Mar 25, 2010
Feb 26, 2010
Building up the critical mass naturally takes time. We decided to speed things up a little by incubating eggs and acclimatising them to the micro-climate at our farm from hatchlings.
Eggs dated and where there are pin holes and fissures due to mishandling, nail polish is applied.
Hatching out in a mere 16 days, not 20 + days as recorded in most books. Almost failed as knowing the incubation period is critical to a successful hatch. However daily observation and experience permitted us to have a successful hatch inspite of misinformation from books and various blogs (one blog recommended an incubation temperature of 40 celcius. That will most likely 'cook' the embryo).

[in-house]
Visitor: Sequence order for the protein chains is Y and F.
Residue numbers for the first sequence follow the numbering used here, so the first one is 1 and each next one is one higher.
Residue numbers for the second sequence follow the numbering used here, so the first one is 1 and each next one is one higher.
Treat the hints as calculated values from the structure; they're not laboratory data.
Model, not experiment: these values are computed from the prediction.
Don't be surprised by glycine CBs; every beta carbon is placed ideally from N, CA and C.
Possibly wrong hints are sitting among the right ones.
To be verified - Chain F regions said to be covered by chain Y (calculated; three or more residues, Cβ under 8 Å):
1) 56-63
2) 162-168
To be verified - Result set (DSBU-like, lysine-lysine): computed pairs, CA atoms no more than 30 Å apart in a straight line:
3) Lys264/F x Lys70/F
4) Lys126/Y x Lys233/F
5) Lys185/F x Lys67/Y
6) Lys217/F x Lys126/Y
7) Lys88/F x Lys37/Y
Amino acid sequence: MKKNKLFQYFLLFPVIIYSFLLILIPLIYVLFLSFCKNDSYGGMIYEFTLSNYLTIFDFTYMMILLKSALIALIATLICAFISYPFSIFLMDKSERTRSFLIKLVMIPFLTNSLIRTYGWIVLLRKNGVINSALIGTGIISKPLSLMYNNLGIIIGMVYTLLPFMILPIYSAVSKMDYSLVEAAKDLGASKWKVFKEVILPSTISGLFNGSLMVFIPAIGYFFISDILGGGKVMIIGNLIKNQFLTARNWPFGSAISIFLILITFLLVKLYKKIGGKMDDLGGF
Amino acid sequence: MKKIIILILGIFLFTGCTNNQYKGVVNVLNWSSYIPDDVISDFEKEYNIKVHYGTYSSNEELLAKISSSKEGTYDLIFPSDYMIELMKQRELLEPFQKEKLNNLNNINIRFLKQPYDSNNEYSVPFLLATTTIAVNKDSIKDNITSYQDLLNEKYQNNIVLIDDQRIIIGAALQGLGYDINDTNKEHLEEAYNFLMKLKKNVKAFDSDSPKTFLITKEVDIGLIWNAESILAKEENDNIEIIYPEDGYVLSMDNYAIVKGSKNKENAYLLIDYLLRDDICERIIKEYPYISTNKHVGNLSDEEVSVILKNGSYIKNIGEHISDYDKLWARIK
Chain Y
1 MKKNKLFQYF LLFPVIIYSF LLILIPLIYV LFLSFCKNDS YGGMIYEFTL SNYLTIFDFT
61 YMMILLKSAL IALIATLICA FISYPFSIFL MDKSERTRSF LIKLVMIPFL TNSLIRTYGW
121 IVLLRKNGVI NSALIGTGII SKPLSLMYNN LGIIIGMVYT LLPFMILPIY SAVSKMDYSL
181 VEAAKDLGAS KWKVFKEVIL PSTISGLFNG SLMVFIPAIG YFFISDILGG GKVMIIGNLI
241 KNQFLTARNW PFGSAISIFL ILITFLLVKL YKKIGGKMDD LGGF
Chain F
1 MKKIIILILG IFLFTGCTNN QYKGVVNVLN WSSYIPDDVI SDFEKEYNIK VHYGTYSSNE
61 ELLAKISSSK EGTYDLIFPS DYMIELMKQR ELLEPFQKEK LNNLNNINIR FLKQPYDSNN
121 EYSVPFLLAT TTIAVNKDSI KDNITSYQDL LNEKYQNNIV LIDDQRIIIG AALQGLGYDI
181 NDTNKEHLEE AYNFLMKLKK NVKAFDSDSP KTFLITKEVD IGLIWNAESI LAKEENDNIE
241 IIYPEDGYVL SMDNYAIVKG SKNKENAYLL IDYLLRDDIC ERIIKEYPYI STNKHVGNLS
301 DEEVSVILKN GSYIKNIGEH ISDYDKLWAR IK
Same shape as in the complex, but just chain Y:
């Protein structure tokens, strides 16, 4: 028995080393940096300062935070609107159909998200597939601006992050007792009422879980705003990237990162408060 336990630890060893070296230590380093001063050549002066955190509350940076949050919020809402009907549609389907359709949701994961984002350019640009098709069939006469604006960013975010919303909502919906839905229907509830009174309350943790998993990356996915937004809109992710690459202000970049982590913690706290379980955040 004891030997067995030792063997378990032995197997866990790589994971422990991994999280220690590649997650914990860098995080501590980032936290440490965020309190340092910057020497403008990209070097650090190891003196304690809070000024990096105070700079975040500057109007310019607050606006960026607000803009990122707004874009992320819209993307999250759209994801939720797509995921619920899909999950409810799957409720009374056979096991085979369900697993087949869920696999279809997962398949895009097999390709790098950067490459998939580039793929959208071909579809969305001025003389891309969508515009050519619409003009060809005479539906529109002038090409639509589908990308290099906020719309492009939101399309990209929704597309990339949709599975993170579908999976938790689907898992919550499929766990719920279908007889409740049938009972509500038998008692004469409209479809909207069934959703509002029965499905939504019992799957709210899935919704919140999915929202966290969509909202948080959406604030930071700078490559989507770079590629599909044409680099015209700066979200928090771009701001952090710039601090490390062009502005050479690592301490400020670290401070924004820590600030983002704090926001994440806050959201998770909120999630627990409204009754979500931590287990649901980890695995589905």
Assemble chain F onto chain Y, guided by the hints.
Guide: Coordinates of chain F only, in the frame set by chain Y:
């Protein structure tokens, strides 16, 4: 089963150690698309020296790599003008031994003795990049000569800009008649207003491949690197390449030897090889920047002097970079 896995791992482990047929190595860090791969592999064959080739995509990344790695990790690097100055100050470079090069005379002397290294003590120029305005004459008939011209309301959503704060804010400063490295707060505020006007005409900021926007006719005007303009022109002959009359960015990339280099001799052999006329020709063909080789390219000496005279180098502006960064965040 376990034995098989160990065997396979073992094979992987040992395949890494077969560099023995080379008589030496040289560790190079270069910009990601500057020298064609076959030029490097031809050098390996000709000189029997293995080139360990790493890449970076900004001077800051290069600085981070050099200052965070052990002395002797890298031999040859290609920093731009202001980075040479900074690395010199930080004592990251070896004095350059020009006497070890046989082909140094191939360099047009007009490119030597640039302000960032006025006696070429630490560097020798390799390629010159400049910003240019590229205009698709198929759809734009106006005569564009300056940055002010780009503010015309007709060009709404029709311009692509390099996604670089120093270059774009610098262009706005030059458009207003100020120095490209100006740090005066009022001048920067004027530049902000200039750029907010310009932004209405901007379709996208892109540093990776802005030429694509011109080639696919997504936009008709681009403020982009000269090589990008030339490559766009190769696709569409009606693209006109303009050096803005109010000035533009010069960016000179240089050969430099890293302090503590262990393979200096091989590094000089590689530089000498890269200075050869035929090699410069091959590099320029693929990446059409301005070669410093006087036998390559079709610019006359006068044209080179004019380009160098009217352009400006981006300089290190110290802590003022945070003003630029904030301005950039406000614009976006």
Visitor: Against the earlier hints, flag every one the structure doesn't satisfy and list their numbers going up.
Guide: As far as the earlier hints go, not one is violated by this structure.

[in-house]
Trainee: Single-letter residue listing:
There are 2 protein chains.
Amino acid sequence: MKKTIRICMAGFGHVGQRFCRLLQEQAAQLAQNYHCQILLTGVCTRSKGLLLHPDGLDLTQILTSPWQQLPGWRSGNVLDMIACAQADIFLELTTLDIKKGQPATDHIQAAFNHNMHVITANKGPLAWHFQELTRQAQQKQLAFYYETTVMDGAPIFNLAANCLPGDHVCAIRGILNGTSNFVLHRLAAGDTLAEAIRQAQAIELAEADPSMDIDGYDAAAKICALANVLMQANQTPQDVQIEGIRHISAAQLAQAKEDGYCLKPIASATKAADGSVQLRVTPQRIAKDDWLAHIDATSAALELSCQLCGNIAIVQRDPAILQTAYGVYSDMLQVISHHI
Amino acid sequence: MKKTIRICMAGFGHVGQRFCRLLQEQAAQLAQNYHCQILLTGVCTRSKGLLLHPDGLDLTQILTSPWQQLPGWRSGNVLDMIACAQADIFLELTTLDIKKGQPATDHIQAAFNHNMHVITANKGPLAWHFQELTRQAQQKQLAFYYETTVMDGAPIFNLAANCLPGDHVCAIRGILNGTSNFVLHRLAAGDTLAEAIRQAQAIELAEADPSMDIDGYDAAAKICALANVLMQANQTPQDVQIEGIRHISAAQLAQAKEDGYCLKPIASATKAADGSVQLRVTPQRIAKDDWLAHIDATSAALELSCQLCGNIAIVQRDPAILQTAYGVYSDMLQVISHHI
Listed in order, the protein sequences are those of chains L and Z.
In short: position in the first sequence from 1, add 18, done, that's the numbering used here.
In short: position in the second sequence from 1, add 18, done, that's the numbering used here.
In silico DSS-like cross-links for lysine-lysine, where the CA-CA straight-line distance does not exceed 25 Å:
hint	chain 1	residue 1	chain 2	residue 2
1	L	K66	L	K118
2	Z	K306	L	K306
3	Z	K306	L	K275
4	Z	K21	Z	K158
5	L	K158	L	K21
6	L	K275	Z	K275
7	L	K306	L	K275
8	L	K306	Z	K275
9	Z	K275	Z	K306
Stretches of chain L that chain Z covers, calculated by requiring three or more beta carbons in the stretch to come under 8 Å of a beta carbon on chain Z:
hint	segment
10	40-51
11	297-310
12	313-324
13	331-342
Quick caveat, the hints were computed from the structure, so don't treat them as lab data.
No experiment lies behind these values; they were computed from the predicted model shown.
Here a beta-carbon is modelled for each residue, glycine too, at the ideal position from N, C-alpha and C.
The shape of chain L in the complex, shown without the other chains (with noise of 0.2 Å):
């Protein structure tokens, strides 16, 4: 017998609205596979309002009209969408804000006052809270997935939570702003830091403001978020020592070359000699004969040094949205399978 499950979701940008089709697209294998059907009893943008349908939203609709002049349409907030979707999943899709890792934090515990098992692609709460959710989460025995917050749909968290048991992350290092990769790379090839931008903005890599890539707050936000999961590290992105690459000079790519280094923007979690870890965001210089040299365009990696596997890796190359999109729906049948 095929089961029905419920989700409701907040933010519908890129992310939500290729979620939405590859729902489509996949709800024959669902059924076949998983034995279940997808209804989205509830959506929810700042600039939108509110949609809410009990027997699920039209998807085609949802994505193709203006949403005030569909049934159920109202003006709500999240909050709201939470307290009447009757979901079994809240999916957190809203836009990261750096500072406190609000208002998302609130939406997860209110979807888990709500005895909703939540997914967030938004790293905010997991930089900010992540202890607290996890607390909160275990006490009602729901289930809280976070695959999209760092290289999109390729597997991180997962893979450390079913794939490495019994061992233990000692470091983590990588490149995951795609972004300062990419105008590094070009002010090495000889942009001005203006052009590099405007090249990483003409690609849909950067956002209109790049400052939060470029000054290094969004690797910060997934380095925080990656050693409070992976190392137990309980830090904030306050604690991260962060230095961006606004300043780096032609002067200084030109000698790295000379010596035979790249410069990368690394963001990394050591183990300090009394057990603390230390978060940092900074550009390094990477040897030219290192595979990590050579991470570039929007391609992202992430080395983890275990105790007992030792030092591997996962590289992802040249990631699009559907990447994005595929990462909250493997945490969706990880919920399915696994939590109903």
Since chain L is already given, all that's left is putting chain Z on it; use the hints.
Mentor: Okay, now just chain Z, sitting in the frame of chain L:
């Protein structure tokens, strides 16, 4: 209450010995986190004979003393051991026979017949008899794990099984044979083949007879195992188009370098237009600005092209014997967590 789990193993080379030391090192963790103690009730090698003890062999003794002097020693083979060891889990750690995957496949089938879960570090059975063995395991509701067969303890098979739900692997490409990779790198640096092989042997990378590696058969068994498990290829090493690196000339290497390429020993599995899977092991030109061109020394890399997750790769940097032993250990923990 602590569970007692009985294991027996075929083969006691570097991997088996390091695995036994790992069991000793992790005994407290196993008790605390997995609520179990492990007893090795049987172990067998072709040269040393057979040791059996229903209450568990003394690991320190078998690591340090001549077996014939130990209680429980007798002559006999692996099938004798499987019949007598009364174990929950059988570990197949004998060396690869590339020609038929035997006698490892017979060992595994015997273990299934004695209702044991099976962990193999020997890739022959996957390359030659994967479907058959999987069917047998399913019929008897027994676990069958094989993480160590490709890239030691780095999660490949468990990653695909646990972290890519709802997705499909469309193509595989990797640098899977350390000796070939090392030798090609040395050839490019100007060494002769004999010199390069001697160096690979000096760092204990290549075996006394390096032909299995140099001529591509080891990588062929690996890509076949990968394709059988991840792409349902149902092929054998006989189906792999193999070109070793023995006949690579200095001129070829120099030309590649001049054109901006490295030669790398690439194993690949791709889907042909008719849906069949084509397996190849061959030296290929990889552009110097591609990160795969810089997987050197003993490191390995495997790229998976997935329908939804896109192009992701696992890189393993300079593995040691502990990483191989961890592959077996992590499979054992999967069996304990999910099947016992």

In the brooder at 35 celcius.
Hand feeding starts 8 hours after hatching.
Feathering after 14 days
Feathering after 21 days
Nov 05, 2009
On 30th Oct we switched on the sounds on a permanent basis. Today, we noticed the droppings of at least 10 pairs of newly weds. This must surely break all records for the time it takes for the walit to take up home in a man-made structure.
The walit in a farm like DQ provides a useful function in keeping the insect population low. We first noticed the walit when we were scratching our heads as to why our honey bees just keep on disappearing. Then we put two and two together.
Completed walit house plus garden.